Is there a difference between a bishop and archbishop?


By Father Thom Hennen
Question Box Column

Q. What is the difference between an archbishop and a bishop?

A. The simple answer is that an archbishop is a bishop of an archdiocese. Okay, smarty pants, so what’s the difference between an archdiocese and a regular old diocese? Maybe we should begin by explaining what a diocese is.

Fr. Hennen

Specific geographical territories, or dioceses, make up the Catholic Church. The bishop is the head of what we call the “local Church,” made up of the individual parishes and communities in a particular territory. For example, the Diocese of Davenport is comprised of the 22 counties of southeast Iowa, stretching from Clinton to Colfax, Centerville to Keokuk and everything in between.


In some places in the country and the world, you will find dioceses in a relatively small geographical territory where the Catholic population is larger, as is the case in parts of the eastern United States. You can also have dioceses that cover a huge territory but with a relatively small Catholic population, as is the case in some places in the southern and western United States. For example, the Diocese of Cheyenne is the whole state of Wyoming.

An archdiocese is named as such by the Holy See typically due to its size, population, history and/or regional importance. In addition, an archdiocese must have at least one “suffragan see,” meaning other dioceses that it oversees (to a limited extent). Basically, archdioceses and dioceses operate in the same way and are relatively independent of each other. Archbishops and bishops possess the same rank in terms of the sacrament of holy orders. Archbishops and bishops have authority only over their own particular (arch)diocese.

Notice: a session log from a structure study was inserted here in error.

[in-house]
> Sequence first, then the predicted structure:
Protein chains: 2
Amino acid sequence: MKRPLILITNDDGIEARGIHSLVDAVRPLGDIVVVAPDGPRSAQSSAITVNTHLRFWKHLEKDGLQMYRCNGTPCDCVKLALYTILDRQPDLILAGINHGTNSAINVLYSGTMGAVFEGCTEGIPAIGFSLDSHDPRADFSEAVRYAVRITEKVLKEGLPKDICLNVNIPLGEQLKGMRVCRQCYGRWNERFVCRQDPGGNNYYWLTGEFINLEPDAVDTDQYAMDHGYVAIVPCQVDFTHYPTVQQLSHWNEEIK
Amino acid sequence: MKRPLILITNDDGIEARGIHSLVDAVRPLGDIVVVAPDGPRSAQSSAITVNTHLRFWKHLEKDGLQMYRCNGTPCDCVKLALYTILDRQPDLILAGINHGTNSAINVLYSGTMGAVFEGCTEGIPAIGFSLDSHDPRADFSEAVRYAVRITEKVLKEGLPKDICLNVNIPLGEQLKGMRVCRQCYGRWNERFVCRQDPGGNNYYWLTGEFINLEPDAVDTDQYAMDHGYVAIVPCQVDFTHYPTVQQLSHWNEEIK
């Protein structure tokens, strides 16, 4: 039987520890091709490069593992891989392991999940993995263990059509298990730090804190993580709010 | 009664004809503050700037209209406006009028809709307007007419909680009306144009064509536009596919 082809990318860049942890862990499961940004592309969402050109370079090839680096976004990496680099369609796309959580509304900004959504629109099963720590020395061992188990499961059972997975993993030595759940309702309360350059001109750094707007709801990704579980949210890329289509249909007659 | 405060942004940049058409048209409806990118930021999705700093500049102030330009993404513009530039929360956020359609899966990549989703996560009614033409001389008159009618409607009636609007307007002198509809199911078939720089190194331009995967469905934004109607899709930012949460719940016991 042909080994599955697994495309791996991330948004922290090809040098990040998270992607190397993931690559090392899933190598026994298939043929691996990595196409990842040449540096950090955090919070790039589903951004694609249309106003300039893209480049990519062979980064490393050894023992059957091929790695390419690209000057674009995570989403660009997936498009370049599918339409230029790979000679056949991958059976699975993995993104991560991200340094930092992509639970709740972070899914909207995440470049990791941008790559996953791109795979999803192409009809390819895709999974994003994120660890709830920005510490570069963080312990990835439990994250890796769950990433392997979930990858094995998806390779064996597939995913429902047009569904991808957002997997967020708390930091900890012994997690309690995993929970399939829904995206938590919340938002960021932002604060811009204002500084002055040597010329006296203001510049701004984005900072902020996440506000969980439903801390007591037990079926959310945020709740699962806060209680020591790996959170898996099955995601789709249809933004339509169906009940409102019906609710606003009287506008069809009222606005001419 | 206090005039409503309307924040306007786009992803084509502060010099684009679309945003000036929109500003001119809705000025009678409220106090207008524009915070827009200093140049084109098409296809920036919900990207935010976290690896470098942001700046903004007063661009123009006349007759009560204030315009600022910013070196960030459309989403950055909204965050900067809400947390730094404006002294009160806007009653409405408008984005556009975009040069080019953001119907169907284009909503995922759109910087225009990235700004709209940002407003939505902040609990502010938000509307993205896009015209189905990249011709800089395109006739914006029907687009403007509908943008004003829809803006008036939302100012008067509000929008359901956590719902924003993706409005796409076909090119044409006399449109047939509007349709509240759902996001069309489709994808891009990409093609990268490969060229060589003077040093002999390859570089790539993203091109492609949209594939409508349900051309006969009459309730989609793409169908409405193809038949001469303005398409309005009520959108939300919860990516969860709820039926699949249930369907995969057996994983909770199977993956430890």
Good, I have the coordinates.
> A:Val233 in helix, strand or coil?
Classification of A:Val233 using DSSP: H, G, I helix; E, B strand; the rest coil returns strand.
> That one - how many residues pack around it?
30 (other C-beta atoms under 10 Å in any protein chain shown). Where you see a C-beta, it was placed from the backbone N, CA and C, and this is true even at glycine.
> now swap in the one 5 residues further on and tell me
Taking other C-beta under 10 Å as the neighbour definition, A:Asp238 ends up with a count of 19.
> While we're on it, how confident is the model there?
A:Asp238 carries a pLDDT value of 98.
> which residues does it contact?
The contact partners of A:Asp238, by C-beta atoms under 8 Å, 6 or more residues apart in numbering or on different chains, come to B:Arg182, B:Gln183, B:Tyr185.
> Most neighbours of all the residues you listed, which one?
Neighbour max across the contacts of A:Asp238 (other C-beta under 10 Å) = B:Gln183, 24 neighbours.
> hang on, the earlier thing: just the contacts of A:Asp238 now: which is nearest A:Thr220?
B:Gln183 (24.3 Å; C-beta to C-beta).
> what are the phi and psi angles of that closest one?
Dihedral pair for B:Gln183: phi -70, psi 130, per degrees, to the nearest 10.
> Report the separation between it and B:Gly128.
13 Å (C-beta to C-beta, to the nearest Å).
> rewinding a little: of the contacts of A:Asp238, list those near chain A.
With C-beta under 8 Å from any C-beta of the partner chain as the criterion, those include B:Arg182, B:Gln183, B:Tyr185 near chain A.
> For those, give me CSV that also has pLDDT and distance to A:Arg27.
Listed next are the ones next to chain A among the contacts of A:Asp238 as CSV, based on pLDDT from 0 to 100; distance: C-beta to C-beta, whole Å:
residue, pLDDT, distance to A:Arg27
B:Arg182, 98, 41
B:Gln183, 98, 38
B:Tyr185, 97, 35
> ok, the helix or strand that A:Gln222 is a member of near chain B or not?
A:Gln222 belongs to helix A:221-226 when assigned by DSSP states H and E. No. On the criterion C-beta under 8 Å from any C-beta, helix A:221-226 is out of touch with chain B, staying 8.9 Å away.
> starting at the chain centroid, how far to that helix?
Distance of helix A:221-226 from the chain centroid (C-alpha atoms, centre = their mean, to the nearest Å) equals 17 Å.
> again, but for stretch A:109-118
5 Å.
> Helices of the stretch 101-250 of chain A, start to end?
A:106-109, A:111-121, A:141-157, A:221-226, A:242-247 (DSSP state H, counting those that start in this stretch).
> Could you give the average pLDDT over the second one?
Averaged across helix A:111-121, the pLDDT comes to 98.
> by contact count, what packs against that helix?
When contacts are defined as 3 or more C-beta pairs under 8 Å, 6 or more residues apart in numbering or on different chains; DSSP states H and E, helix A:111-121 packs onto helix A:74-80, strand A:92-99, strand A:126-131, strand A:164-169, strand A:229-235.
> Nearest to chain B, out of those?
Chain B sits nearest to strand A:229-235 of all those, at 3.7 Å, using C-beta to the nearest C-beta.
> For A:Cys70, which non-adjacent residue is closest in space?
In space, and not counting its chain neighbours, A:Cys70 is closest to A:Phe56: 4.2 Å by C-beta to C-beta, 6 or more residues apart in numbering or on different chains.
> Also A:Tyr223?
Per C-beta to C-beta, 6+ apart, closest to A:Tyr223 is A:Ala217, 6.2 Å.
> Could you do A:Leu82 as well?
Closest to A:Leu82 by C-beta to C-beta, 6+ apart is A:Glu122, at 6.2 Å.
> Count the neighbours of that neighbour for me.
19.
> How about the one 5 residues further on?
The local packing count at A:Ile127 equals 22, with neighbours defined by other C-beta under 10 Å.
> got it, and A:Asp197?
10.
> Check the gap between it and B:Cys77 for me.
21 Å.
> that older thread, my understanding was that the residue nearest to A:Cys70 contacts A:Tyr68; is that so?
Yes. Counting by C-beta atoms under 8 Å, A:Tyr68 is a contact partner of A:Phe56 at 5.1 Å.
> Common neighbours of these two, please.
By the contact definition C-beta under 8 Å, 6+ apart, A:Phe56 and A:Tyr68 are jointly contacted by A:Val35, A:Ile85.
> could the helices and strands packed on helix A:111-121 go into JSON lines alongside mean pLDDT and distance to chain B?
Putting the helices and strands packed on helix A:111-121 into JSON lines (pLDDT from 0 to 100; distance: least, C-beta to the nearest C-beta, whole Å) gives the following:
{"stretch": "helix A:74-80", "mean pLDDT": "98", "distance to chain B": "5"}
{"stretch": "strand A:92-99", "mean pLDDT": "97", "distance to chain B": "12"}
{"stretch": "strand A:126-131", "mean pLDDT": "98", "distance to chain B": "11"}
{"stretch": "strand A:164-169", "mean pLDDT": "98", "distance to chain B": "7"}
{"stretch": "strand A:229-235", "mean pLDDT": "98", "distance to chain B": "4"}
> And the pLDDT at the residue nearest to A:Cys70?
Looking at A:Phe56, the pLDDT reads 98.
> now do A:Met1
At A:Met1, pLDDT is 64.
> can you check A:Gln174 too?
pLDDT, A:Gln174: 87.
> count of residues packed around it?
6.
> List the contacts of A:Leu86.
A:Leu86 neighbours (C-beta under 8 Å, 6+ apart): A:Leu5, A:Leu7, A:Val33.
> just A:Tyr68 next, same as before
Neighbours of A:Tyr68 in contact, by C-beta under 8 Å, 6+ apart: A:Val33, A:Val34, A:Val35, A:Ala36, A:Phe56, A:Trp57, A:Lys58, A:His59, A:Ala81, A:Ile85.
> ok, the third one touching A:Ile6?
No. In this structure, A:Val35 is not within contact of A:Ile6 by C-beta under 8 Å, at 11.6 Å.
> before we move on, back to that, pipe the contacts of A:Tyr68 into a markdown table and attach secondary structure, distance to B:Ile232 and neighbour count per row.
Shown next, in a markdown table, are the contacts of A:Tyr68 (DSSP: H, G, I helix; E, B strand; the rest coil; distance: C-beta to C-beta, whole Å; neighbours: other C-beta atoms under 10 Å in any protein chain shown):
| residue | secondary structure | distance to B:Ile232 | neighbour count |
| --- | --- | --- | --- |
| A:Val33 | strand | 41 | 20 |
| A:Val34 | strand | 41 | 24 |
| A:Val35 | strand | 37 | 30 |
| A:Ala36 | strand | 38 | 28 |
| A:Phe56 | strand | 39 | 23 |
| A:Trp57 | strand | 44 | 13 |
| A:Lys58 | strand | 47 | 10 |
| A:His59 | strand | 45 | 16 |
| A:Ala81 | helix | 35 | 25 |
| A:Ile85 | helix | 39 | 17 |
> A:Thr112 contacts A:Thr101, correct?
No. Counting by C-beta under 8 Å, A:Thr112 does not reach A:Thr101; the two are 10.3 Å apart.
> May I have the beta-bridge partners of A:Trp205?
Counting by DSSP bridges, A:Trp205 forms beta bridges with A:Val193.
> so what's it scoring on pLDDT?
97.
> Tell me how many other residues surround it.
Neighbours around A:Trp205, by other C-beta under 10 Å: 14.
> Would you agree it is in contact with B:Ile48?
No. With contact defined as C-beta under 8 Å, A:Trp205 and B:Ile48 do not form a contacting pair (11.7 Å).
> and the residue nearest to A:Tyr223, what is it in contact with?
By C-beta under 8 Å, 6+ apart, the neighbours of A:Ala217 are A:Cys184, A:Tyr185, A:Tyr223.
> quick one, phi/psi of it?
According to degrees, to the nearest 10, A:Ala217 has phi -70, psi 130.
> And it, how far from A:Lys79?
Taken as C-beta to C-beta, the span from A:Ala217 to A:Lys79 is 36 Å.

In Iowa, four dioceses make up what is called an ecclesiastical province: the Archdiocese of Dubuque and its three suffragan dioceses, Davenport, Sioux City and Des Moines. However, this has not always been the case. The (then) Diocese of Dubuque was created in 1837 and covered a large territory north of Missouri, west of the Mississippi River all the way to the Missouri River and north up into Minnesota.

The first diocese in Iowa to be carved off of Dubuque was the Diocese of Davenport in 1881, covering the entire southern half of the state. Bishop John Hennessy of Dubuque apparently suggested to Pope Leo XIII that the “see” (“seat of power”) of this new diocese should be Des Moines, but the pope chose Davenport instead, which makes for an interesting historical hypothetical. What if the pope had followed Bishop Hennessy’s recommendation? At any rate, Dubuque was elevated to an archdiocese in 1893. Later, the Diocese of Sioux City was created from the western counties of the Archdiocese of Dubuque in 1902 and the Diocese of Des Moines was created from the western counties of the Diocese of Davenport in 1911.

Archdioceses and dioceses with larger Catholic populations can also have auxiliary bishops. These are effectively “helper bishops.” For example, the Archdiocese of Chicago with almost 2.2 million Catholics has seven auxiliary bishops helping Cardinal Blase Cupich. The Diocese of Davenport had an auxiliary bishop once, Bishop Edward Howard, from 1924-1926, before he was named the bishop of Oregon City (now Portland). A bishop can also be named a coadjutor bishop, meaning that he is assigned while the current (arch)bishop is in power to assist him and to immediately take over once that (arch)bishop retires or expires.

That just leaves cardinals, canons, monsignors, deans, rectors and vicars (general, judicial, forane, episcopal and parochial) to explain, but that’s for another day.

(Father Thom Hennen serves as the pastor of Sacred Heart Cathedral in Davenport and Vicar General for the Diocese of Davenport. Send questions to

Support The Catholic Messenger’s mission to inform, educate and inspire the faithful of the Diocese of Davenport – and beyond! Subscribe to the print and/or e-edition, or make a one-time donation, today!

Print Friendly, PDF & Email
Posted on